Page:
Historic British pubs fall victim to escalating costs, shifting consumer habits

Crown and Anchor Inn is the latest ancient pub to close in the UK. (via Facebook / Crown and Anchor)

The Crown and Anchor, a historic pub in Llanidloes, mid-Wales, that has endured since the 17th century, has become another casualty in the ongoing decline of British pubs. This closure, instigated by the Covid-19 aftermath, escalating prices, and soaring energy costs, signifies the end of an era for the beloved local establishment.

The decision was also influenced by notable shifts in consumer behaviour, with patrons increasingly favouring home-based drinking.

According to data from the British Beer and Pub Association (BBPA), the number of pubs has fallen by 25% since 2000, from 60,800 to 45,800 in 2022. Over 560 pubs closed down in 2022 alone, marking the highest figure in recent years, including during the peak of the pandemic in 2020 and 2021.

The energy crisis has particularly affected pubs, with the average energy bill rising to £18,400 (816,000 baht) annually. This figure can be even higher for older establishments with traditional features such as single-paned windows.

Several historic pubs have already succumbed to the crisis, including The Air Balloon in Gloucestershire, the 200 year old Black Horse in Coventry, and the 18th century Crooked House near Birmingham.

Paul Ainsworth, chair of the pub heritage group within the Campaign for Real Ale (Camra), warns that the loss of these traditional pubs equates to the erasure of critical aspects of British heritage.

British pubs serve multiple purposes within their communities, acting as communal centres, entertainment venues, and reflections of different periods in British history. However, changing societal structures and shifting consumer habits have forced pubs to adapt.

Dr David Knight, architect and co-editor of the book Public House, A History of the London Pub, notes that pubs have continuously evolved in response to demographic changes, societal needs, and economic pressures.

Despite these adaptations, pubs face numerous challenges. Taxation discrepancies make pub visits more expensive than home-based alternatives, and younger generations are less inclined to frequent these establishments. Additionally, the Brexit pubs guarantee, which froze alcohol duty on draught beer, will not impact other drinks sold in pubs.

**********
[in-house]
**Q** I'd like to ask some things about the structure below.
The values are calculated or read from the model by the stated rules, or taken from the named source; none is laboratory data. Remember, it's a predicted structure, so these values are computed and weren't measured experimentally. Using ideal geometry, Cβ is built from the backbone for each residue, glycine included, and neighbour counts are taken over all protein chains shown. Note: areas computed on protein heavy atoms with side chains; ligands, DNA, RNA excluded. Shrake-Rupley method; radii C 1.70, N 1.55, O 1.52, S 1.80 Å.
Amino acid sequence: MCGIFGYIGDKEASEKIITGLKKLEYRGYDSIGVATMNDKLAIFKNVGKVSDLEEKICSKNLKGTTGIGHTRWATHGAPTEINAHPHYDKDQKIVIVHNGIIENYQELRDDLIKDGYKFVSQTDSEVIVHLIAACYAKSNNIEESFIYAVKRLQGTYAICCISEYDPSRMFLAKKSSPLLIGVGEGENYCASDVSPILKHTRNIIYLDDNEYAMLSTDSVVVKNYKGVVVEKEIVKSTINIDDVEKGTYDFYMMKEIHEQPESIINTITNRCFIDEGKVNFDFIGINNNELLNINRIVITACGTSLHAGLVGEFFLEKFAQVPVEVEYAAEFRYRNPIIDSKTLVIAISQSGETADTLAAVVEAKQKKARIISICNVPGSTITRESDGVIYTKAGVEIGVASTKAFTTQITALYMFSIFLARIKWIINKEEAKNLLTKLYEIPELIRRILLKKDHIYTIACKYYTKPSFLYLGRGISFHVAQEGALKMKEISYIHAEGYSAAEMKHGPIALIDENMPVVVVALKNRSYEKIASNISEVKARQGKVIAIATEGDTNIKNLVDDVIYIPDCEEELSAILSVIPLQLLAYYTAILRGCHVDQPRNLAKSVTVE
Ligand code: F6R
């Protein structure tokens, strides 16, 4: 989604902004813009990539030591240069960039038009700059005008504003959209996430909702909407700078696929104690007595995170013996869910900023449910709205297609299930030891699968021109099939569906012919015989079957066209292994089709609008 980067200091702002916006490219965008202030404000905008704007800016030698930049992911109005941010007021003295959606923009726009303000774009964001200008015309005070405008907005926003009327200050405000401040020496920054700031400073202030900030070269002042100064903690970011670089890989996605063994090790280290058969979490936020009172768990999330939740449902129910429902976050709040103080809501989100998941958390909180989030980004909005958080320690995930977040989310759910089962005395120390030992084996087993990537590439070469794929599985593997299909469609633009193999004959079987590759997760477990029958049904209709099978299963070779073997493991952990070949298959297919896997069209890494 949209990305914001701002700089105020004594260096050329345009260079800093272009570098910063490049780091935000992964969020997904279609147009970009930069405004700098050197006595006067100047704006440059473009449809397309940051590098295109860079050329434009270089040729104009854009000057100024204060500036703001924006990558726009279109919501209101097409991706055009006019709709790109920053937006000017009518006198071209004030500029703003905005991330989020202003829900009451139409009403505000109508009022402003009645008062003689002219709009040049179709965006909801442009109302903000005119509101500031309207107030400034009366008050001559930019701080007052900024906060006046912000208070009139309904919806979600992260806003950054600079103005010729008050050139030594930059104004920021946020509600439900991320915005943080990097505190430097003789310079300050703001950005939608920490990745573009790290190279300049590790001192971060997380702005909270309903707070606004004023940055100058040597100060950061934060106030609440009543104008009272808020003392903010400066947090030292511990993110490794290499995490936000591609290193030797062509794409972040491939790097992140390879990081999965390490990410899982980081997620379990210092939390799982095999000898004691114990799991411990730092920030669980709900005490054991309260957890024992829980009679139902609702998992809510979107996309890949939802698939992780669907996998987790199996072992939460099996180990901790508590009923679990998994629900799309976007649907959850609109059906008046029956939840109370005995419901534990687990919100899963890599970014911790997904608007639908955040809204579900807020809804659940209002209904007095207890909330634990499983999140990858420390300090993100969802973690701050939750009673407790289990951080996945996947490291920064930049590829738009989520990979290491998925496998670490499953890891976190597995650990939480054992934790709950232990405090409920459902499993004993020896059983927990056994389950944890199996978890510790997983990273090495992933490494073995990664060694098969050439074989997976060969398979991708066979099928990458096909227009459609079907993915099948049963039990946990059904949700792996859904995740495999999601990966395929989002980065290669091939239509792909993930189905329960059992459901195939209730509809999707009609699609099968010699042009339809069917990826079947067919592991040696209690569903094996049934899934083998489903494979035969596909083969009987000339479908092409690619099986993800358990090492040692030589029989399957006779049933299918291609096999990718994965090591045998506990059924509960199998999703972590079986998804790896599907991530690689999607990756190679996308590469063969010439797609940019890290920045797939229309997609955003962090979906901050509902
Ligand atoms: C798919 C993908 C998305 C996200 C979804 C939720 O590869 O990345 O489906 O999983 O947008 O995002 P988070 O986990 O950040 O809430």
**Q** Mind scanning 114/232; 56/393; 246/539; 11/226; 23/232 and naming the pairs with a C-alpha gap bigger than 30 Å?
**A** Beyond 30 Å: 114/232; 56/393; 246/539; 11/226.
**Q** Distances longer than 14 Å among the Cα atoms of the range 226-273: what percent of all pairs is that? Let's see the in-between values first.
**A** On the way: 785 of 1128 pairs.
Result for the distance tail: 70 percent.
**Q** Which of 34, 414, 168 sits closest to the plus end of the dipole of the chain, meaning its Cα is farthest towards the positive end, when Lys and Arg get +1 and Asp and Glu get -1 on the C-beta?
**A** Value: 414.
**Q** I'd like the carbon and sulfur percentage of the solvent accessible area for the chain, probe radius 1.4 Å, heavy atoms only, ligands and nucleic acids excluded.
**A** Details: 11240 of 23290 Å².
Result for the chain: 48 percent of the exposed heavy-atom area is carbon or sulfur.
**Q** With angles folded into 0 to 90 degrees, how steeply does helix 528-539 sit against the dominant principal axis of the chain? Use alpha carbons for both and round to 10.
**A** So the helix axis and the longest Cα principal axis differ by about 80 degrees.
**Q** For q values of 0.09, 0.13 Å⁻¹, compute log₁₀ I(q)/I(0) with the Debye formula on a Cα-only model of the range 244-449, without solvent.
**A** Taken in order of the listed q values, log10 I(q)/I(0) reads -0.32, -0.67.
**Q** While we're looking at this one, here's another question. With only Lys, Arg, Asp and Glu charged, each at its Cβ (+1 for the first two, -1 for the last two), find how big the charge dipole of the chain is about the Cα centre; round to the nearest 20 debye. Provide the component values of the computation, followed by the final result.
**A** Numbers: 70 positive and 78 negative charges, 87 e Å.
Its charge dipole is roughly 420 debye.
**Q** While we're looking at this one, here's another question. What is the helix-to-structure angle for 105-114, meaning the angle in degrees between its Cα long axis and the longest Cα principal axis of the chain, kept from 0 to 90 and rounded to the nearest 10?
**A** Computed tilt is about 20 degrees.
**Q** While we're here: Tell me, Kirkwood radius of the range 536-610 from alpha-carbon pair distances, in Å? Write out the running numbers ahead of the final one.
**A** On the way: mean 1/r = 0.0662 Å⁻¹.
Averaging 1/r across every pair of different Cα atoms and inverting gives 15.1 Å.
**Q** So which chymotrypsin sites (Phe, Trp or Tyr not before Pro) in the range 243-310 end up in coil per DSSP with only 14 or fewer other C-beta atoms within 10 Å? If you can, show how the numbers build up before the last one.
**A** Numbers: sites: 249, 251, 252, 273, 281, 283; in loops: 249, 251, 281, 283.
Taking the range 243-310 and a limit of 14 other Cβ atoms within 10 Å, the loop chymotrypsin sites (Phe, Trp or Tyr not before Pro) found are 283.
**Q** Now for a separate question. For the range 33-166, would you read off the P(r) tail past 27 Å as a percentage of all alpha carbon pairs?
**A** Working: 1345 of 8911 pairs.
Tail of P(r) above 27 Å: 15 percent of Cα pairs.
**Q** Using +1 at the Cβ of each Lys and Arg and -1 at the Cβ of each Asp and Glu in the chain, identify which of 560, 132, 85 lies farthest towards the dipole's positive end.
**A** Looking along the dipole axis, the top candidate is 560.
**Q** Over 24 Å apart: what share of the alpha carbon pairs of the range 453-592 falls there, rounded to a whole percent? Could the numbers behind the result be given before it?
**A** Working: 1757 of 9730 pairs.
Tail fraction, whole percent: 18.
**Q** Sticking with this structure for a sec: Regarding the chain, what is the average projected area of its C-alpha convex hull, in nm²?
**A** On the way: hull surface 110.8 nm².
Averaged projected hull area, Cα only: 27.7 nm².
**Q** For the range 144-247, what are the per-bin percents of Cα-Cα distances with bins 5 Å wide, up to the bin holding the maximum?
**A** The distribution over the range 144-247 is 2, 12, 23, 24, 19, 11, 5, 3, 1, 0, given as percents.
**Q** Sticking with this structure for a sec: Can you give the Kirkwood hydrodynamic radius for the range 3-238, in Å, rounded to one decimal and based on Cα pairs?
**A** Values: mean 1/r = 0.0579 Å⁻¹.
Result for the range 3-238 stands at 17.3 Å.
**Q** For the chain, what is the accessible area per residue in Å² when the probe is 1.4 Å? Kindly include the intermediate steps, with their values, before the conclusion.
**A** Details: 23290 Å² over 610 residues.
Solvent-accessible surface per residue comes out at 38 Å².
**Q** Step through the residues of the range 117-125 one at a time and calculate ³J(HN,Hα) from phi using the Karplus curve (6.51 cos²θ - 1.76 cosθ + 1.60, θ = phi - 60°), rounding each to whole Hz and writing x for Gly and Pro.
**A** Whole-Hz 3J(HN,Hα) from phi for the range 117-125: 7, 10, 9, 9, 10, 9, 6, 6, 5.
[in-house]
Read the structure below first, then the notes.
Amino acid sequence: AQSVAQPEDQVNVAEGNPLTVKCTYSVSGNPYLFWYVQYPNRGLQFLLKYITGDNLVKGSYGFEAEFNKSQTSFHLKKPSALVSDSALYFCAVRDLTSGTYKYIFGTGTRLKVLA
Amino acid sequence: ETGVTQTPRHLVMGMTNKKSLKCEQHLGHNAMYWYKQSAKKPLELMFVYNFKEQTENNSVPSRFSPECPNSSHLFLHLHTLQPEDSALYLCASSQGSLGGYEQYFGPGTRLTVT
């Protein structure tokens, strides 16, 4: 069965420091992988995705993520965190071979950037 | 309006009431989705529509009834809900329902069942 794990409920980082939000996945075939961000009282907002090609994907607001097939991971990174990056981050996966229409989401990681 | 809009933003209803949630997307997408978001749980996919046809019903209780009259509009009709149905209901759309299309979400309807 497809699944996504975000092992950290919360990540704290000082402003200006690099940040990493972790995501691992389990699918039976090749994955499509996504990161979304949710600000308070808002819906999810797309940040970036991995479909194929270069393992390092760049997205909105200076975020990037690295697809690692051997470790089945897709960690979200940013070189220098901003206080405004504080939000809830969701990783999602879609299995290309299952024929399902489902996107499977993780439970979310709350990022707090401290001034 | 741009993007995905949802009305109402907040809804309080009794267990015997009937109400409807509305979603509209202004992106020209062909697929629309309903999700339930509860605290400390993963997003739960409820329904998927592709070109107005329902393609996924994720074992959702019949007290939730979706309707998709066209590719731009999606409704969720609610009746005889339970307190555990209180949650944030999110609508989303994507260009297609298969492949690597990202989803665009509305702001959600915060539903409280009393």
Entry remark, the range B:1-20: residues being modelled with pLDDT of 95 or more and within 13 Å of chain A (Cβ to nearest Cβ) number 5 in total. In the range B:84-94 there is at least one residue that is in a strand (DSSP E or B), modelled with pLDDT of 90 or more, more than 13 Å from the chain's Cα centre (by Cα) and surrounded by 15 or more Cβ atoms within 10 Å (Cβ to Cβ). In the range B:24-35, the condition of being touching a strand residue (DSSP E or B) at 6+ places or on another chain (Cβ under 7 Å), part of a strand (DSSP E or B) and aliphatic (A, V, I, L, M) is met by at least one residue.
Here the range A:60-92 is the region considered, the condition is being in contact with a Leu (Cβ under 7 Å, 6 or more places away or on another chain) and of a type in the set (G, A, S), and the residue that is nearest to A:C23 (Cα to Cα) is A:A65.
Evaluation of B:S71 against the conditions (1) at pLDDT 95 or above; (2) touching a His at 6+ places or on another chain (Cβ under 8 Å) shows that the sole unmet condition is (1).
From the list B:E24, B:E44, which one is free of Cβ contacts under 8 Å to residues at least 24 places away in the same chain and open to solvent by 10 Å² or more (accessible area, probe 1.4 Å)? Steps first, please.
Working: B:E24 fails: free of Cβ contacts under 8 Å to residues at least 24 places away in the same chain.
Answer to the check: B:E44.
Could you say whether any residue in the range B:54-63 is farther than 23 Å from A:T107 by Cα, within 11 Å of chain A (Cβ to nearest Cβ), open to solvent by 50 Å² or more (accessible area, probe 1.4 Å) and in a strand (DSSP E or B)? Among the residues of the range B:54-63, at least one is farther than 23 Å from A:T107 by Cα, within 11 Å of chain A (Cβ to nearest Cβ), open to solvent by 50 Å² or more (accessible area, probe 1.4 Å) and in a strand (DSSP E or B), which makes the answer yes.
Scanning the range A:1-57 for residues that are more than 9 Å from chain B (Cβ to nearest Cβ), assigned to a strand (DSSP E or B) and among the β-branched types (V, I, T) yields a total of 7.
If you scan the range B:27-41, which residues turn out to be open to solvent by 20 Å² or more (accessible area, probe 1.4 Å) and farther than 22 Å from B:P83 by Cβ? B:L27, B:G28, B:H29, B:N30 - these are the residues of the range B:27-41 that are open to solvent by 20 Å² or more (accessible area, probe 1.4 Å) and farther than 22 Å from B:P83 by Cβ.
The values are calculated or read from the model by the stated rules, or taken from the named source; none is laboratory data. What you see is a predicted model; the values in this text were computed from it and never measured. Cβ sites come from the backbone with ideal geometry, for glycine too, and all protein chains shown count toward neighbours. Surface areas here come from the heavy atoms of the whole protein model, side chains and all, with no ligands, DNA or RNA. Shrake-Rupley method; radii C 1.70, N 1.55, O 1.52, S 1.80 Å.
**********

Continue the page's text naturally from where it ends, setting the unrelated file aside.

The allure of pub buildings has also captured the attention of developers. Many historic pubs have been converted into residential properties or supermarkets. Although certain architectural features are protected under Grade I or Grade II listing, this does not prevent landlords from altering the building’s use. Existing legislation offers little protection for these historic sites, leading to many being demolished to make way for new developments.

However, there is a glimmer of hope. Some historic pubs have been saved from closure through community group interventions. The George and Dragon in Hudswell, North Yorkshire, is one such example, now serving as a multifunctional community hub. The Campaign for Pubs is also lobbying for changes in planning laws to protect pubs built before 1975.

Despite these efforts, many historic pubs remain under threat, and the loss of these establishments represents a significant blow to British society. As Ainsworth warns, removing these establishments equates to removing the heart of the town. The preservation of these historic pubs is thus crucial to maintaining the rich cultural tapestry of British heritage.

Follow our latest stories on our new Facebook page: CLICK HERE.

World News

Neill Fronde

Neill is a journalist from the United States with 10+ years broadcasting experience and national news and magazine publications. He graduated with a degree in journalism and communications from the University of California and has been living in Thailand since 2014.

Related Articles